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Motorcycle helmets should be chosen carefully

On Behalf of | Jun 21, 2019 | Motorcycle Accidents |

Helmets saved the lives of at least 1,870 motorcyclists around the country in 2017, and the National Highway Traffic Safety Administration says that 750 riders who died would have survived if they had been wearing one. Virtually all media articles on motorcycle safety begin by urging riders to purchase a quality helmet and put it on every time they take to the roads, but finding head gear that is both comfortable and robust enough to provide protection in a crash can be difficult for some California riders.

While comfort is important, riders should avoid motorcycle helmets that are marketed as being lightweight and thin. Helmets that provide good protection are at least an inch thick and usually weigh about 3 pounds. Plastic buckles that can break in an accident are another sign of a poorly manufactured helmet. The NHTSA does not test or approve helmets sold in the United States, but it does maintain an online database of helmets that have been recalled due to safety concerns.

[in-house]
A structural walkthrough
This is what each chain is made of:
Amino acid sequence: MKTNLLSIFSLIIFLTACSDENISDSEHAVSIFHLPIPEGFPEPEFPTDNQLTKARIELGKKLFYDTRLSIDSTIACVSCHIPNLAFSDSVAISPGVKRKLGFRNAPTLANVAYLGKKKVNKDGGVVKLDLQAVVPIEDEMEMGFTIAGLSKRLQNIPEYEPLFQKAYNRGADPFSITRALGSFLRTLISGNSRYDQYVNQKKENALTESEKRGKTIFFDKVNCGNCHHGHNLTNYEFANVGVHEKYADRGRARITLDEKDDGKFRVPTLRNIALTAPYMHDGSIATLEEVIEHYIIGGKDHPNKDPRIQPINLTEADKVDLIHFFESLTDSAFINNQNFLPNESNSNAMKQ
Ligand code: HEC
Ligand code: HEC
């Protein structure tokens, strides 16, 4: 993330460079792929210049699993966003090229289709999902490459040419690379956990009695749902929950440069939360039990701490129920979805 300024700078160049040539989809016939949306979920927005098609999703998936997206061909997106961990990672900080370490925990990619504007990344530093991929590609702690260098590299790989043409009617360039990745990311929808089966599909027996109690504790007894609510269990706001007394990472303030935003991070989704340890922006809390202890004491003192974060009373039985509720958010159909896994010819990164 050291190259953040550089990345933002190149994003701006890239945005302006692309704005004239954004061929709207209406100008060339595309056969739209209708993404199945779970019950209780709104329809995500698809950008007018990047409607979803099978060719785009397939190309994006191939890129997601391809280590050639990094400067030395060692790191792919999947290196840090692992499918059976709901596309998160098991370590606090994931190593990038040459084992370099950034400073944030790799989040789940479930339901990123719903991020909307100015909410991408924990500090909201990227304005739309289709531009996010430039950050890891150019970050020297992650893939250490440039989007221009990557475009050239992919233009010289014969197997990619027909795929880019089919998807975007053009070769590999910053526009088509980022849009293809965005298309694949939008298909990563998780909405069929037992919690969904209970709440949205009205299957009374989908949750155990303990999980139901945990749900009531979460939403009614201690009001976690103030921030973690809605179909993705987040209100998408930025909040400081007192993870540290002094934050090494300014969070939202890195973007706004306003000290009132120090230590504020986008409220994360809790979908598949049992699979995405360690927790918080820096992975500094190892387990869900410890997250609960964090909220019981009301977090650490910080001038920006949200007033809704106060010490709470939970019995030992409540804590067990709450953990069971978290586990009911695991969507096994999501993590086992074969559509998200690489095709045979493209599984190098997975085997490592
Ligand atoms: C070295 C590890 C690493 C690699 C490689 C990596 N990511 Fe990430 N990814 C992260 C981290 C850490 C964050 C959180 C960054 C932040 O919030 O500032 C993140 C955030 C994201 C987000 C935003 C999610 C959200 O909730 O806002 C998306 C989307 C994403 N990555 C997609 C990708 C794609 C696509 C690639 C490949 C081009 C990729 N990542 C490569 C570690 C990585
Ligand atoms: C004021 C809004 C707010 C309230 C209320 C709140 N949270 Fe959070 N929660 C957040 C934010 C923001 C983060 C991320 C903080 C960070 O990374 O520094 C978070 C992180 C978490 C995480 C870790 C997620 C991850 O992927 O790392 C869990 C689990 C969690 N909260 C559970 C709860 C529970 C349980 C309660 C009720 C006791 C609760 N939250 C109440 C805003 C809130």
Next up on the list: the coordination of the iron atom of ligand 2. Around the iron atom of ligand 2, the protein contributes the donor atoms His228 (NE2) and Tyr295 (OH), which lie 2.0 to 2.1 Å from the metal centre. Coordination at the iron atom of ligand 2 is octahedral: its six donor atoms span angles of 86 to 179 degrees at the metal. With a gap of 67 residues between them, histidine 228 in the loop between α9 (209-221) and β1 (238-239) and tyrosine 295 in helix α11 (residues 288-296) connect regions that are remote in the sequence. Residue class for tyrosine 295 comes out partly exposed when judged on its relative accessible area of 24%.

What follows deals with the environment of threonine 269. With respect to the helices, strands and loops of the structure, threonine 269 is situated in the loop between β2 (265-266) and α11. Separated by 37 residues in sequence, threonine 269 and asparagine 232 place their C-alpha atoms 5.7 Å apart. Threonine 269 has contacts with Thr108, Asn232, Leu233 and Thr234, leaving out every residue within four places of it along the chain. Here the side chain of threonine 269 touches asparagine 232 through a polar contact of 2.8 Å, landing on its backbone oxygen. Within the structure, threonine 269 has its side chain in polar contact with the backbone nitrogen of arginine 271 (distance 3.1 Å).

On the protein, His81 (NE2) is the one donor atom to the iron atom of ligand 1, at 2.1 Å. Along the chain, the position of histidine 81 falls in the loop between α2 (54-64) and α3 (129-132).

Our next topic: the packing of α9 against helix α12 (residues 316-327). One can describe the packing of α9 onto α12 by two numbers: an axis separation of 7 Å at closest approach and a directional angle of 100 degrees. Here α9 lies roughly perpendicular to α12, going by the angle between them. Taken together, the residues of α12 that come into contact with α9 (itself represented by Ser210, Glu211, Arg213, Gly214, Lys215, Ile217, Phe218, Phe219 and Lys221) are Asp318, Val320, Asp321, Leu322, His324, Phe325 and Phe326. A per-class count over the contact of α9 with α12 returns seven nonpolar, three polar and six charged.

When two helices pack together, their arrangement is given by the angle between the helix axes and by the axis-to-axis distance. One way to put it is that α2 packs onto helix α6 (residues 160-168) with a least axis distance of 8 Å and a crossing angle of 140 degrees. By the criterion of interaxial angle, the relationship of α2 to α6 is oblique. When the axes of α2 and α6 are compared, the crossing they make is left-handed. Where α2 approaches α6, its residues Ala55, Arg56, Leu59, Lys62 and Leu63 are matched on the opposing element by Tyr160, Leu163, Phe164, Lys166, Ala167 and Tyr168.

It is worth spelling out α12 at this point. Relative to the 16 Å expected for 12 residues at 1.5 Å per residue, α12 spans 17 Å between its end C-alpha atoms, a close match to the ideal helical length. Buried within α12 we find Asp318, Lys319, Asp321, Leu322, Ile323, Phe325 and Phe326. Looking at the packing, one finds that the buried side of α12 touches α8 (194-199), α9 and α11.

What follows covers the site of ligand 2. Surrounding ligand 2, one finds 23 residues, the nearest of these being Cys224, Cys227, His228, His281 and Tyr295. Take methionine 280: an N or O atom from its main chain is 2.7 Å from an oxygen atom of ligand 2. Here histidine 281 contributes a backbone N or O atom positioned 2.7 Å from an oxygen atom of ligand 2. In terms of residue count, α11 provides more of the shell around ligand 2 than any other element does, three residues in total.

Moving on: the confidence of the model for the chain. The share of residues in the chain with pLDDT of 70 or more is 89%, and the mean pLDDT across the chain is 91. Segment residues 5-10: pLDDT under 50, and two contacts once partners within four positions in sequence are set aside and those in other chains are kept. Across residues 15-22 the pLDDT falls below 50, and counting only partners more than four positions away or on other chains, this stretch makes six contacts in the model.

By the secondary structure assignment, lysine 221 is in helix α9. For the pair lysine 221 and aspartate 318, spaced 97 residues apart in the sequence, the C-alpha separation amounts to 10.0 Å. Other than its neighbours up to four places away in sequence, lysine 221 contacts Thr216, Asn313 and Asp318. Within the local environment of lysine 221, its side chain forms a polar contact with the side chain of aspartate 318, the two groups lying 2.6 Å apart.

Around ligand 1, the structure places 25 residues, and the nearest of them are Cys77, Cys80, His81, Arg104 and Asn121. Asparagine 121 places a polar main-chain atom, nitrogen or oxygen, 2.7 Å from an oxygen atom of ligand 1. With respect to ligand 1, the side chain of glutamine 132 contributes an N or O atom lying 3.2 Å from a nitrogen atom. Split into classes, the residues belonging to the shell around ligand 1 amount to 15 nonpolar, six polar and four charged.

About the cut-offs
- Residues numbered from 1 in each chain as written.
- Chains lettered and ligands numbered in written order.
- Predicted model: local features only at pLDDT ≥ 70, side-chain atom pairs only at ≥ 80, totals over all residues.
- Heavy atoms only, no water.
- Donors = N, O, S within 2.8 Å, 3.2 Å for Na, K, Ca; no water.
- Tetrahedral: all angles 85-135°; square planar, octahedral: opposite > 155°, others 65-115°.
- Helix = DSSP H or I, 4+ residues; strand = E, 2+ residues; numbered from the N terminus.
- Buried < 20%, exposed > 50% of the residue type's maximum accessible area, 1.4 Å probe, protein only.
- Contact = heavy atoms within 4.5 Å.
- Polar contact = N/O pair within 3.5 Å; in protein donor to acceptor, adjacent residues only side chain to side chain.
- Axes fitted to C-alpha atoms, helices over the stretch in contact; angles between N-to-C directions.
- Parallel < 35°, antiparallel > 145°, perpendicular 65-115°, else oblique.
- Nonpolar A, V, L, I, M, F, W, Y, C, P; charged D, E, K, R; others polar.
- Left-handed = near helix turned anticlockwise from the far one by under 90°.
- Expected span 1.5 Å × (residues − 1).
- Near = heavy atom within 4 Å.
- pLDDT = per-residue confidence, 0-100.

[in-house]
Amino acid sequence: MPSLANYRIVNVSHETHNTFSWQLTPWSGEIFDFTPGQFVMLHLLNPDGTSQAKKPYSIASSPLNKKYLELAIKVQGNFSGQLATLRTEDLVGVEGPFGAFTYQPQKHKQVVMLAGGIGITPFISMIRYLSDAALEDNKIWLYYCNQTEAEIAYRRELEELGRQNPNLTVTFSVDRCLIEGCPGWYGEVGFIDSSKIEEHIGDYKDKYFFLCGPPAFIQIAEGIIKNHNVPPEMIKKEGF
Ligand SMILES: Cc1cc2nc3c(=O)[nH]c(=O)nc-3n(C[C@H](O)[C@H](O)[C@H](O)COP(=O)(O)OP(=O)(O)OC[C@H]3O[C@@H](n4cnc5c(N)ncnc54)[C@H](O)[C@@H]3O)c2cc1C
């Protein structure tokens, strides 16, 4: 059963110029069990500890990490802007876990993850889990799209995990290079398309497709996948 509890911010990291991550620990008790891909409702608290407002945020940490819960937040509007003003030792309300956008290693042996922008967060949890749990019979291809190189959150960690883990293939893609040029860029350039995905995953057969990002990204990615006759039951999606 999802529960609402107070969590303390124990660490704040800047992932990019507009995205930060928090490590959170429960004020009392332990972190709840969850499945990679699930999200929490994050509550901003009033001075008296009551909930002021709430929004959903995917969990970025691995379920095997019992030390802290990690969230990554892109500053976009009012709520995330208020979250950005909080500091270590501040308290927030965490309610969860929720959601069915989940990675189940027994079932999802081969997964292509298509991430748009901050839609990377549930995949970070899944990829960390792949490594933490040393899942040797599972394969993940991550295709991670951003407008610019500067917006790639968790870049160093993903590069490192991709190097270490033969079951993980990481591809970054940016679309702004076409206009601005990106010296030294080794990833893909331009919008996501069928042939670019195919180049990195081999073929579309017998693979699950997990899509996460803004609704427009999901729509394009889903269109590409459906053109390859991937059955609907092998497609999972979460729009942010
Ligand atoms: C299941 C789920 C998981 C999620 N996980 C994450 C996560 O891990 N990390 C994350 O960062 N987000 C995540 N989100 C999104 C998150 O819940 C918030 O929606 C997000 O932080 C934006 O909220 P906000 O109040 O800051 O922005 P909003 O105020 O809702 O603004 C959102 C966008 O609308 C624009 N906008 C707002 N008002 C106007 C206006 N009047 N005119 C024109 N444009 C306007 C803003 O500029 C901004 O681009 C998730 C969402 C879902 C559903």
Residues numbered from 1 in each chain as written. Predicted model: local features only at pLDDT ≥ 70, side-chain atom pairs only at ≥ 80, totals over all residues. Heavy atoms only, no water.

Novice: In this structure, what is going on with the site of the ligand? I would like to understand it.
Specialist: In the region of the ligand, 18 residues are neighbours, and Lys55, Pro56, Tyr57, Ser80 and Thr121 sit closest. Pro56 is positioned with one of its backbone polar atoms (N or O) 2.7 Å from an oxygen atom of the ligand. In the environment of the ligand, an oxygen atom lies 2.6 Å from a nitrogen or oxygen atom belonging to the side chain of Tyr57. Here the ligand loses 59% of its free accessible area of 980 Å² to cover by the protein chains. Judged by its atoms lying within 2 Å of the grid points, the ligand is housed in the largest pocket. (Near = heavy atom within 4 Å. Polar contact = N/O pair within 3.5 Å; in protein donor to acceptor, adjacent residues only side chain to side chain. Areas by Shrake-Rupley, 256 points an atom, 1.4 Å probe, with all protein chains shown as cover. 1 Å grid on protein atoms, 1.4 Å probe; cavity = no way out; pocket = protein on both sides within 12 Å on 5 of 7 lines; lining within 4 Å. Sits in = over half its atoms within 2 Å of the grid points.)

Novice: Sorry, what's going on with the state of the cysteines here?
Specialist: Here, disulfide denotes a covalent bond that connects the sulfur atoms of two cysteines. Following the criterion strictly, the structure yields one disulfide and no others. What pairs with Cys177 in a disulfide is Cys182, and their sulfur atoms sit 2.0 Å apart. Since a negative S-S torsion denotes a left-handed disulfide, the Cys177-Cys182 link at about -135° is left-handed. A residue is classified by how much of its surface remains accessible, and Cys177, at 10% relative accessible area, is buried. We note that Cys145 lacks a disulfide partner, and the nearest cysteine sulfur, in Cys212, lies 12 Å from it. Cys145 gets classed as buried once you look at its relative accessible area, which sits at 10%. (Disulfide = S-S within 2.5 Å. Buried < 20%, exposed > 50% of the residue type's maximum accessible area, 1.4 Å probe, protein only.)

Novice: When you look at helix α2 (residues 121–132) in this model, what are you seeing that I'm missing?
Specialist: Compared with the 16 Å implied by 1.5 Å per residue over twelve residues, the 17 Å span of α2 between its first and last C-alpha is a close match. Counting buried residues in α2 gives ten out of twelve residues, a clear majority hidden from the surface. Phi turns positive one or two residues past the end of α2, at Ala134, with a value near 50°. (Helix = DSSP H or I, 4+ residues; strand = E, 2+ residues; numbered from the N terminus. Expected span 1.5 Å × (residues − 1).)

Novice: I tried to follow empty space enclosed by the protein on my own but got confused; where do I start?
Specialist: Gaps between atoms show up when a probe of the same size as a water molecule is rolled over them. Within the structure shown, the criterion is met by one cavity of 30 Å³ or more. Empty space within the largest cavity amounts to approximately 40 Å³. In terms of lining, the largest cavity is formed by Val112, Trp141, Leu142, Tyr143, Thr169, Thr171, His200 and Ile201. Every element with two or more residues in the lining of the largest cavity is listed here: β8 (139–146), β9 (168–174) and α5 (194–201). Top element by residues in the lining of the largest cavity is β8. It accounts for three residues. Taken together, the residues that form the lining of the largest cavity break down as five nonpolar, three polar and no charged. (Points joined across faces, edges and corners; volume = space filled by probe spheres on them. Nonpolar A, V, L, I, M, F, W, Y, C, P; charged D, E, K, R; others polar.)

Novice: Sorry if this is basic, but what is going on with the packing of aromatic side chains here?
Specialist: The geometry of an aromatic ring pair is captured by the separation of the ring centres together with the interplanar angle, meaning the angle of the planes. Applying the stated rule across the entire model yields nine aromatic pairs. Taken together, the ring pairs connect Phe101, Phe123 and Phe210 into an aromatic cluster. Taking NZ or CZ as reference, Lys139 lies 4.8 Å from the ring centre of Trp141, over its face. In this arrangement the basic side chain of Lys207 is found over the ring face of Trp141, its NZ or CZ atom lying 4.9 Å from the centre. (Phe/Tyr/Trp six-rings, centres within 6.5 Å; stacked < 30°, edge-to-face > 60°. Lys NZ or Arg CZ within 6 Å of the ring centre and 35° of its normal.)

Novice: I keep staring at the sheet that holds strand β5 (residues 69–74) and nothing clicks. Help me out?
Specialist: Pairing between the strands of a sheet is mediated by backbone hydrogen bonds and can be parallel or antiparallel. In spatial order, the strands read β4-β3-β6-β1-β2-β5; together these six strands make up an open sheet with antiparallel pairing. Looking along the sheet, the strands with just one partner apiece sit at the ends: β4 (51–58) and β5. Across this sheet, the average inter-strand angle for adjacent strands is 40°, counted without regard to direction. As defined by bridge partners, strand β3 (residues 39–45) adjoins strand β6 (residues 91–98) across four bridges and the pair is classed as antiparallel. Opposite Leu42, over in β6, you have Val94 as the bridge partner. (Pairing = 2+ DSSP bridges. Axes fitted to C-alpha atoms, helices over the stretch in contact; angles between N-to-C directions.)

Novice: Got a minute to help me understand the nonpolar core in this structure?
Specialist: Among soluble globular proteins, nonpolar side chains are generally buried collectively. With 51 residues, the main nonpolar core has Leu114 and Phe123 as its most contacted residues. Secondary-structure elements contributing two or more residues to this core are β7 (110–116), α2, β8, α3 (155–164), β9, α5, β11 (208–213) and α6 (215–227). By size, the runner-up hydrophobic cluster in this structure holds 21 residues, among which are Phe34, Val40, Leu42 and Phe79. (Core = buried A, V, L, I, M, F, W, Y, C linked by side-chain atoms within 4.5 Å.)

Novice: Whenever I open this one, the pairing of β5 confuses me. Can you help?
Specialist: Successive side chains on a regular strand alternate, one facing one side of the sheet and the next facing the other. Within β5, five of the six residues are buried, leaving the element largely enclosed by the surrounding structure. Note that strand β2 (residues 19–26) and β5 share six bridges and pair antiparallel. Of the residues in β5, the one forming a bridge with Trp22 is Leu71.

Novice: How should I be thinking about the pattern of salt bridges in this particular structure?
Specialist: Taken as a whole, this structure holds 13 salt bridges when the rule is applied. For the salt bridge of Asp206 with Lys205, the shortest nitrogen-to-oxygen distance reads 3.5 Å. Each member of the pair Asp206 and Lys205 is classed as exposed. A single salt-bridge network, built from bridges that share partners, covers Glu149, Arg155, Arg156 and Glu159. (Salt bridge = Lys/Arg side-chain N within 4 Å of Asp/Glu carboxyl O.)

All helmets sold online and in retail stores in America must meet the Department of Transportation’s Federal Motor Vehicle Safety Standards, but many cheap and flimsy helmets bear counterfeit DOT stickers. Riders can reduce their risks by buying helmets directly from manufacturers or reputable dealers, and they should make safety rather than fashion their top priority.

There are also good legal reasons for wearing a helmet. In addition to facing fines in states like California with mandatory helmet laws, motorcyclists who do not wear helmets may be awarded lower damages if they take legal action against negligent drivers who injured them. This is because all road users are expected to do all that they reasonably can to avoid injury, and damages are awarded in California motorcycle accident lawsuits based on both the plaintiff’s and the defendant’s degree of fault under the legal principle of comparative negligence.

Source: Advocates for Auto and Highway Safety, “Motorcycle Helmets”, accessed on June 20, 2019